Video

Video S. Korean Businesses Want to End Trade Restrictions With North

Business leaders in South Korea are calling for President Park Geun-hye to ease trade restrictions with North Korea that were put in place in 2010 after the sinking of a South Korean warship.Pro-business groups argue that expanding trade and investment is not only good for business, it is also good for long-term regional peace and security. VOA’s Brian Padden reports.
Video

Video US Marching Bands Grow Into a Show of Their Own

The 2014 Super Bowl halftime show was the most-watched in history - attracting an estimated 115 million viewers. That event featured pop star Bruno Mars. But the halftime show tradition started with marching bands, which still dominate the entertainment at U.S. high school and college American football games. But as Enming Liu reports in this story narrated by Adrianna Zhang, marching bands have grown into a show of their own.
Video

Video Secular, Religious Kurds Face Off in Southeast Turkey

Turkey’s predominantly Kurdish southeast has been rocked by violence between religious and secular Kurds. Dorian Jones reports on the reasons behind the stand-off from the region's main city of Diyarbakir, which suffered the bloodiest fighting.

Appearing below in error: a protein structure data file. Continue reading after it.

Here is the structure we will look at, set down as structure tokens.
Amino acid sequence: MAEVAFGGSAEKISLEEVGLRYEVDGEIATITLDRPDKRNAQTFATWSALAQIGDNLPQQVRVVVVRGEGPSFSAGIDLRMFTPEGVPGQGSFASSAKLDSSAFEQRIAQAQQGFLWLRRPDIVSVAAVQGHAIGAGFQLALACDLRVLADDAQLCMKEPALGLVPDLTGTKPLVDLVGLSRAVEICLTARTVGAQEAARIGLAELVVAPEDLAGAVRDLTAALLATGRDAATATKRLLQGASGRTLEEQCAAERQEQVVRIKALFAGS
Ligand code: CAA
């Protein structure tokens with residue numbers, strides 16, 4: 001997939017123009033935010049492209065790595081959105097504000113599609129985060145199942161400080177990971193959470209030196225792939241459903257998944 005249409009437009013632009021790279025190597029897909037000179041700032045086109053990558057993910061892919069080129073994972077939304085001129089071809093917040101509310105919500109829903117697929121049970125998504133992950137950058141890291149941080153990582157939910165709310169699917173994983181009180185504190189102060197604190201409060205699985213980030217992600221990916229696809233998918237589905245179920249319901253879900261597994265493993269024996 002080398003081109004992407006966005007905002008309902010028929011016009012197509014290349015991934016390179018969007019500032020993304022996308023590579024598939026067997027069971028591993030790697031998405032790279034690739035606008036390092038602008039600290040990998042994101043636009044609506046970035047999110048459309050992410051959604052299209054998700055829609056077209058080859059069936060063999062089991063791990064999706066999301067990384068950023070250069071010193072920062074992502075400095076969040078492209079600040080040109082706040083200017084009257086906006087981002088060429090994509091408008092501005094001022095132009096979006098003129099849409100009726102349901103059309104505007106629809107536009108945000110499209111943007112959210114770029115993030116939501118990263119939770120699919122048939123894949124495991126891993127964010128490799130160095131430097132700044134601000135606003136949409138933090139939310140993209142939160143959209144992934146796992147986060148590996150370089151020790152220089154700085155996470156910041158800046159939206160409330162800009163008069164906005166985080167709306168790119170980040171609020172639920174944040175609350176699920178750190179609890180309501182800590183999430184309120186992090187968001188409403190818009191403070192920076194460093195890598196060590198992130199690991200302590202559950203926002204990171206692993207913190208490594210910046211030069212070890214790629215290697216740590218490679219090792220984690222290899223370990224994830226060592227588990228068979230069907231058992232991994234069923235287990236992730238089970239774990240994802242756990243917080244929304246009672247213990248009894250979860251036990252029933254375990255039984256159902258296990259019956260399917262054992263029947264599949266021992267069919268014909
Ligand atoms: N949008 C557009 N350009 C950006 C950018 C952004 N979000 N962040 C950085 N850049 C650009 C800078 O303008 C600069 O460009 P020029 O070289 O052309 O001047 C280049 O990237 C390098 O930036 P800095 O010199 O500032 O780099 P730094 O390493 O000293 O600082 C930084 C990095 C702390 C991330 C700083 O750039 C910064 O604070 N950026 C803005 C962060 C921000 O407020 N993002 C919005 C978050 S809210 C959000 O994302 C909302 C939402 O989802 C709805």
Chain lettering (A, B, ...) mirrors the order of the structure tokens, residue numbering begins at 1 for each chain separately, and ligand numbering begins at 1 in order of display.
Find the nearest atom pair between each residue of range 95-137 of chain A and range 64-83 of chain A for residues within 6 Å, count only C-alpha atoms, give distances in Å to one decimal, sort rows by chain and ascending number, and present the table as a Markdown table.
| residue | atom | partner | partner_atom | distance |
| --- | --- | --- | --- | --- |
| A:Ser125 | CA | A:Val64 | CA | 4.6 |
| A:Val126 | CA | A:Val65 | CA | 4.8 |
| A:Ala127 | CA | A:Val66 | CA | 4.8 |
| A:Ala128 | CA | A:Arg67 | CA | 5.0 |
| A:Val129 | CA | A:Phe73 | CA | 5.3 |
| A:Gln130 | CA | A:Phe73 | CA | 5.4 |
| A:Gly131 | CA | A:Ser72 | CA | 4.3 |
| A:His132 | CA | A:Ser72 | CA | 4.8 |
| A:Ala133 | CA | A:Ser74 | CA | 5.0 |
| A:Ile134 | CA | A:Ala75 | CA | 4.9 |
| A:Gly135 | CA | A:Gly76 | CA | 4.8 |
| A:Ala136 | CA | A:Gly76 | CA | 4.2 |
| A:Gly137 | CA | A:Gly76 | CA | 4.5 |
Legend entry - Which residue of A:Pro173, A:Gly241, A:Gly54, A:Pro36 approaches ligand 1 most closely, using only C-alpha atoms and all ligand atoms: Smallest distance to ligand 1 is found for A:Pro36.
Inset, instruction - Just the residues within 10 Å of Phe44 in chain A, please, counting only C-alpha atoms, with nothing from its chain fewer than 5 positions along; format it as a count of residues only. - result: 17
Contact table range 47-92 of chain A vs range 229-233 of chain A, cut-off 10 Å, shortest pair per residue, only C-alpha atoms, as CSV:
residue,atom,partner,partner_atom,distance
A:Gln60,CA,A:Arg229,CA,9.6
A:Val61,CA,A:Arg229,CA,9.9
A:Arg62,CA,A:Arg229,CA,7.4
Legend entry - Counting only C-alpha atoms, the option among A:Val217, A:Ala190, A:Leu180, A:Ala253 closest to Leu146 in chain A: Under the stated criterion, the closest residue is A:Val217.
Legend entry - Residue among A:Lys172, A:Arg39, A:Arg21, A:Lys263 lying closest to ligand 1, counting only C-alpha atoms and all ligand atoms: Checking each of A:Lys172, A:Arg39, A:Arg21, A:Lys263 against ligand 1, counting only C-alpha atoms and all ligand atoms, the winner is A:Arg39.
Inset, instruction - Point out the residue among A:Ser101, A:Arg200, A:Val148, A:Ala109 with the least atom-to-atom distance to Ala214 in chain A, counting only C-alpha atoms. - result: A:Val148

Video

Video Kenya: Misuse of Antibiotics Leading to Resistance by Immune System

In Kenya, the rise of drug resistant bacteria could reverse the gains made by medical science over diseases that were once treatable. Kenyans could be at risk of fatalities as a result if the power in antibiotics is not preserved. Lenny Ruvaga has more on the story from Nairobi.
Video

Video Solar-Powered Plane Getting Ready to Circumnavigate Globe

Pilots of the solar plane that already set records flying without a drop of fuel are close to making their first attempt to fly the craft around the globe. They plan to do it in 25 flying days over a five month period. VOA’s George Putic reports.
Video

Video How Experts Decide Ethiopia Has the Best Coffee

Ethiopia’s coffee has been ranked as the best in the world by an international group of coffee connoisseurs. Not surprisingly, coffee is a top export for the country. But at home it is a source of pride. Marthe van der Wolf in Addis Ababa decided to find out what makes the bean and brew so special and how experts make their determinations.
Video

Video Yazidi Refugees at Center of Political Fight Between Turkey, Kurds

The treatment of thousands of Yazidis refugees who fled to Turkey to escape attacks by Islamic State militants has become the center of a dispute between the Turkish government and the country's pro-Kurdish movement. VOA's Dorian Jones reports.
Video

Video World’s Richest 1% Forecast to Own More Than Half of Global Wealth

The combined wealth of the world's richest 1 percent will overtake that of the remaining 99 percent at some point in 2016, according to the anti-poverty charity Oxfam. Campaigners are demanding that policymakers take action to address the widening gap between the ‘haves’ and the ‘have nots’, as Henry Ridgwell reports for VOA from London.

Circumventing Censorship

An Internet Primer for Healthy Web Habits

As surveillance and censoring technologies advance, so, too, do new tools for your computer or mobile device that help protect your privacy and break through Internet censorship.
More

All About America

AppleAndroid